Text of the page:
One in two bird species in decline, one in eight at risk of extinction

The alarm launched by the ‘State or the world birds’ report: “Birds inform us about the health of our natural environment: we ignore their messages at our own peril”

Nearly half of the world’s wild bird species are in decline, and one in eight are threatened with extinction due to the expansion and intensification of agriculture, deforestation and climate change. The new edition of “State of the world birds”, the most important report in the world which in the new edition examined 11 thousand species of birds. Published every four years by BirdLife International, the report summarizes what birds tell us about the state of nature, the pressures exerted on it, existing and necessary solutions.

Currently, nearly half of the world’s bird species are in decline while only 6% is on the rise. Although data on long-term trends in bird populations are more comprehensive for Europe and North America, it is increasingly evident that decline is occurring worldwide, from forest and wetland species in Japan to raptors in Kenya.

The causes

The expansion and intensification of agriculture are the main threat to the world’s birds and affect 73% of all threatened species. The increase in mechanization, the use of agrochemicals and the conversion of grassland to cropland have caused a 57% decline in agricultural habitat birds in Europe since 1980. In Ethiopia, since 2007, the loss of meadows and pastures at favor of agricultural land has caused an 80% decrease in the number of Libyan larks, an endemic species found nowhere else on the planet.

Unsustainable logging and forest management are also a significant problem: the loss of more than 7 million hectares of forest each year impacts half of all threatened bird species. Another sizable threat comes from climate change, which is already showing devastating impacts on the world’s birds, with 34% of threatened species already affected, and a very fast escalation trend.

Overall, the report concludes that one of the most important actions to be taken is the conservation, conservation and effective management of the most critical sites for birds and biodiversity. With this in mind, the meeting of the Convention on Biological Diversity (Cbd Cop 15), which will be held at the end of this year, will be a crucial moment for birds and for all of nature, as governments will come together to finalize and adopt the Global Biodiversity Framework.

“Birds inform us about the health of our natural environment: we ignore their messages at our peril – says Patricia Zurita, general manager of BirdLife International – Many parts of the world are already experiencing fires, droughts, heat waves and extreme floods,” as human-transformed ecosystems struggle to adapt to climate change. While the Covid pandemic and the global cost of living crisis have undoubtedly diverted attention from the environmental agenda, global society must remain focused on the biodiversity crisis. “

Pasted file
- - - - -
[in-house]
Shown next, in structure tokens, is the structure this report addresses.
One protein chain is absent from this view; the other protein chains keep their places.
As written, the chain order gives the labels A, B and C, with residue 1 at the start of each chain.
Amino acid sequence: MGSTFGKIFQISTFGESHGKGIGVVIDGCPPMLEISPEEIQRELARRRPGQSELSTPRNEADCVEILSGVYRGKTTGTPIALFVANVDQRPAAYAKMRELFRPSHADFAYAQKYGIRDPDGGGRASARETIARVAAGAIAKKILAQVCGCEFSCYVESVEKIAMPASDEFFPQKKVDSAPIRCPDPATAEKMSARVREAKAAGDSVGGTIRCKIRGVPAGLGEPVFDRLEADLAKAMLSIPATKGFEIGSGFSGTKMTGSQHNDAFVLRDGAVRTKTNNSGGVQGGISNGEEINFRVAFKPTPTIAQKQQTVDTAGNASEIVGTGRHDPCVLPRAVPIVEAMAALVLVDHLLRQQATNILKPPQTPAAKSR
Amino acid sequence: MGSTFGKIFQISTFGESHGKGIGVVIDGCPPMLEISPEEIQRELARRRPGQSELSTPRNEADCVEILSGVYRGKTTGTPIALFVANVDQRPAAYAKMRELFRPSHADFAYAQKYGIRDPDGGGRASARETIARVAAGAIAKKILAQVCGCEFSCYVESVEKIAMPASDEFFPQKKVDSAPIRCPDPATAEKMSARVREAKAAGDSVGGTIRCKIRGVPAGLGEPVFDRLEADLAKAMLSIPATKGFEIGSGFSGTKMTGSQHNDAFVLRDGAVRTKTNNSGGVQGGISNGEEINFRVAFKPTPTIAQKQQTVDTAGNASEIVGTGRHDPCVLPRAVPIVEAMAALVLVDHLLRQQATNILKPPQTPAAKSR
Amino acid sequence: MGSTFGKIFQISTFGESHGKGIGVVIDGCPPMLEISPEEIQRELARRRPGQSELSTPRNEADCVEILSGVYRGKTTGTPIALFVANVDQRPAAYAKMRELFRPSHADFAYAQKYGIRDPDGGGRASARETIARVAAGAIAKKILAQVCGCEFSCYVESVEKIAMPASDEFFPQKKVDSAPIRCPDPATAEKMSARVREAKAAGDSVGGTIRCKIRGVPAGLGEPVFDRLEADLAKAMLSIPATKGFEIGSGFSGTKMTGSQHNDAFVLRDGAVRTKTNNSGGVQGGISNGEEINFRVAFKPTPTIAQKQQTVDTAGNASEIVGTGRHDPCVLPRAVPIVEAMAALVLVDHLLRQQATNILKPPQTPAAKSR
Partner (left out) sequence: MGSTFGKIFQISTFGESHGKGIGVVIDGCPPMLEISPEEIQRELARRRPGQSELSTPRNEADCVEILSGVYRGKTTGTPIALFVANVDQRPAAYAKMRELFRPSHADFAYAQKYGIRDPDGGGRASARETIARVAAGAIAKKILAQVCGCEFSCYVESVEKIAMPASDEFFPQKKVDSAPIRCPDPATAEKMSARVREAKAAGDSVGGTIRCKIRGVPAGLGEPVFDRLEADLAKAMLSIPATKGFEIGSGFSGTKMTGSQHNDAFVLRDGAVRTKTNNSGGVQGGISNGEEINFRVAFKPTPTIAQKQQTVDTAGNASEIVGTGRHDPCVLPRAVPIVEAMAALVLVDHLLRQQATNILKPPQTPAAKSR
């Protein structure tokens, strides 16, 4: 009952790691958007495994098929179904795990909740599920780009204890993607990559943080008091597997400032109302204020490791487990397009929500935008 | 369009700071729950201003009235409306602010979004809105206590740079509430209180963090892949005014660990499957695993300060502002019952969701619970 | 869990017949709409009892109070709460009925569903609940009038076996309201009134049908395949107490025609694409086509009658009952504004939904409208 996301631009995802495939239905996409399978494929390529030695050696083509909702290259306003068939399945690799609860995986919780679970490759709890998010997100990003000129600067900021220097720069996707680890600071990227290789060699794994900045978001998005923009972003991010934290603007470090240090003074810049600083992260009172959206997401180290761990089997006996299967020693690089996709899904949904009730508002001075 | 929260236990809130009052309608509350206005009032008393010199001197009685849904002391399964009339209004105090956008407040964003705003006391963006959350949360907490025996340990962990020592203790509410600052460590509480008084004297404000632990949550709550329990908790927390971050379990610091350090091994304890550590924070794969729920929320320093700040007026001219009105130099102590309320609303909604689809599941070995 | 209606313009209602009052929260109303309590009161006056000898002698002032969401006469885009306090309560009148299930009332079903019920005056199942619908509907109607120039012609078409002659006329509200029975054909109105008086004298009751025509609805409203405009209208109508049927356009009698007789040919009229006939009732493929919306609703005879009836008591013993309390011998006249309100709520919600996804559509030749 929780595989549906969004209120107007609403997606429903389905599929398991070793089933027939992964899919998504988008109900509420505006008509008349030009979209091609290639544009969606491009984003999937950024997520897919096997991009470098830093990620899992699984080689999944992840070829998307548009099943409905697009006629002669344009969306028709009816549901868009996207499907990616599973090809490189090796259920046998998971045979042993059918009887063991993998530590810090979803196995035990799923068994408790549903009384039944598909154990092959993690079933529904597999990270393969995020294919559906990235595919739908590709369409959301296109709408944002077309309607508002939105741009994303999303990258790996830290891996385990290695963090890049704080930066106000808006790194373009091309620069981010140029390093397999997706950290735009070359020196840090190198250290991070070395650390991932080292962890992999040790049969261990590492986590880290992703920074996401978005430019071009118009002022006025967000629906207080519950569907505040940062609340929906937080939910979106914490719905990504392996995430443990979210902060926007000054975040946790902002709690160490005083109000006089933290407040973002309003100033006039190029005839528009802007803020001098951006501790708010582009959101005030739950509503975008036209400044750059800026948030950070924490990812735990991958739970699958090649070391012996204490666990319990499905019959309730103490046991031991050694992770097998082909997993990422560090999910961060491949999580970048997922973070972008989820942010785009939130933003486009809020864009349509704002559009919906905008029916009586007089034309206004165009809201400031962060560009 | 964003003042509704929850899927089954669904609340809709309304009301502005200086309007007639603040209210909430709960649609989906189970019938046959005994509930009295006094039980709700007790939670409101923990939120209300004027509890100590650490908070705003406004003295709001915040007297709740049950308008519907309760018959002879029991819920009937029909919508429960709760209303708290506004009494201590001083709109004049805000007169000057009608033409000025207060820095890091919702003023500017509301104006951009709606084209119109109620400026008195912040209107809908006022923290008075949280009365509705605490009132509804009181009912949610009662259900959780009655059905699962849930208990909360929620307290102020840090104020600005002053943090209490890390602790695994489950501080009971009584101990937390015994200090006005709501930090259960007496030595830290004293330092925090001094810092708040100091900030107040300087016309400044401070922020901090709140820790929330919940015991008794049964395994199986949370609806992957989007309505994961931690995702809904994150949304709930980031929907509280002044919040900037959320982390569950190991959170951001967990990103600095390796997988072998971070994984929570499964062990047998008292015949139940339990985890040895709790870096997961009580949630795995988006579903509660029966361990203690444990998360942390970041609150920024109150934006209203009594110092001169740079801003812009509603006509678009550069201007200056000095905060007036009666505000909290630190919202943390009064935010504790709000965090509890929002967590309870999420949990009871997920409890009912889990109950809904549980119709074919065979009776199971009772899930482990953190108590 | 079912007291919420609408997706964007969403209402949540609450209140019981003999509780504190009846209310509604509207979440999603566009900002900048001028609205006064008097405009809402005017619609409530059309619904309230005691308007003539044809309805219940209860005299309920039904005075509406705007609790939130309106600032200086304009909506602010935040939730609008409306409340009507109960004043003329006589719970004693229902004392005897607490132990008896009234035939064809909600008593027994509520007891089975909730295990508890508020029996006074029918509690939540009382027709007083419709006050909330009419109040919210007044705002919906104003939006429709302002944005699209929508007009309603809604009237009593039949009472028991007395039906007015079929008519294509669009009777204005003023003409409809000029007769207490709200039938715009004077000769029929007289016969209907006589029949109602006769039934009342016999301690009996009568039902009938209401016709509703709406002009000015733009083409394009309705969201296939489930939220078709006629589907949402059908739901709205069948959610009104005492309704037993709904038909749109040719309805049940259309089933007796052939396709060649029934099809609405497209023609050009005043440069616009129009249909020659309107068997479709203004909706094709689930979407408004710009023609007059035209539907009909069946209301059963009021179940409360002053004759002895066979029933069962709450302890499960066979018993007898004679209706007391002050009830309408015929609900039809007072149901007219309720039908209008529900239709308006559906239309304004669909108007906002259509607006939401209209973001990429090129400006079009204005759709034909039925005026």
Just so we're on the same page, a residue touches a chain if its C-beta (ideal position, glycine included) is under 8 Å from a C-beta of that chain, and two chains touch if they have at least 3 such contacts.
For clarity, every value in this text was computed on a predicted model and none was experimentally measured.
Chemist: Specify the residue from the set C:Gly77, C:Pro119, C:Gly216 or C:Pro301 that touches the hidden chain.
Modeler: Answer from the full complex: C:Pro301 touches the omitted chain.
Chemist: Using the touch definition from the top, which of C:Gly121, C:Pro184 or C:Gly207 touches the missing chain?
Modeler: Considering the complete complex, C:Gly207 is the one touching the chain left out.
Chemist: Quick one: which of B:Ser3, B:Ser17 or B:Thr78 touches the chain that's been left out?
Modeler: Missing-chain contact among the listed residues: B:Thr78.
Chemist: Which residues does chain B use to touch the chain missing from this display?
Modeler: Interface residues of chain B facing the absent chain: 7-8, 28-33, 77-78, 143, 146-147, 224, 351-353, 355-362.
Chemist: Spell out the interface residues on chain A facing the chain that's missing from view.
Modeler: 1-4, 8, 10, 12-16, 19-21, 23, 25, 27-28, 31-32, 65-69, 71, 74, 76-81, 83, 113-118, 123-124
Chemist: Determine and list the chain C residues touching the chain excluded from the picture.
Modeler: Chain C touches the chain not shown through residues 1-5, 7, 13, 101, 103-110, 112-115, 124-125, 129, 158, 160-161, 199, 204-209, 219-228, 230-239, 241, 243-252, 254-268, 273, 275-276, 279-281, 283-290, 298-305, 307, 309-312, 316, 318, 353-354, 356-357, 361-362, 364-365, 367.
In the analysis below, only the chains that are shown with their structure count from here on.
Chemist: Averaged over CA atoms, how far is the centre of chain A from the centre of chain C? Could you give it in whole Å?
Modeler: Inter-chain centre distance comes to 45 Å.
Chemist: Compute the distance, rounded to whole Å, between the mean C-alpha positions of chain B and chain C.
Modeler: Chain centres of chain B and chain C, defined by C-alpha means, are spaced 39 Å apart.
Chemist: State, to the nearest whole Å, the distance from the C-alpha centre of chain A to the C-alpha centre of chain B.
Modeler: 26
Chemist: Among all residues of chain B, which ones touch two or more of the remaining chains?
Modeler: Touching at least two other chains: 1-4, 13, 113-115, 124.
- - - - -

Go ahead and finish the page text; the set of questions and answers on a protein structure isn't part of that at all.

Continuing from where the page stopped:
Possible solutions

State of the World’s Birds 2022 also shows the solutions needed to address the biodiversity crisis, many of which have been put in place around the world. Safeguarding and protecting sites that are important to nature, restoring damaged ecosystems and tackling major threats to birds and biodiversity are all critical. One of the most urgent actions is the conservation, safeguarding and effective management of the most critical sites for birds and biodiversity: the Areas of Importance for Birds and Biodiversity (IBA), over 13,600 of which have been identified by BirdLife International.

IBAs form the core of a wider network of key areas for biodiversity and are increasingly used for the designation of protected areas. They will be particularly important to ensure that efforts to expand protected areas to cover 30% of the land and seas – as also envisaged by the European Biodiversity Strategy – are targeted to the most important places.

Despite the desperate state of the natural world, many actions taken have proved effective and have made it possible to save species and recover nature. Since 2013, 726 globally threatened bird species have directly benefited from BirdLife’s partnership actions and over 450 Areas of Importance for Birds and Biodiversity (IBA) have been designated as protected areas thanks to advocacy efforts from BirdLife Partners.

Recent examples are the designation of the North Atlantic Current basin and the Evlanov Sea (Naces) as a Marine Protected Area (Amp) in October 2021. It covers an area the size of France and is home to up to five million seabirds of 21 different species. It is the first Marine Protected Area on the high seas identified on the basis of survey data. Another example is the Mar Chiquita Lagoon, an Iba in Argentina that is home to more than half a million migratory water birds, including the (vulnerable) Andean flamingo, and which was protected as Ansenuza National Park in 2022. after a long work by Aves Argentinas (BirdLife partner).

“The birds show that we are experiencing an extinction crisis, with at least 187 species confirmed or suspected to have gone extinct since 1500 – says Stuart Butchart, lead researcher at BirdLife International – There’s no denying the situation is dire, but we know how to reverse this. Our research shows that between 21 and 32 bird species would have gone extinct by 1993 without conservation efforts undertaken to save them. Species such as the California condor, the hermit ibis and the black knight would no longer exist. let’s give nature a chance, it can recover “.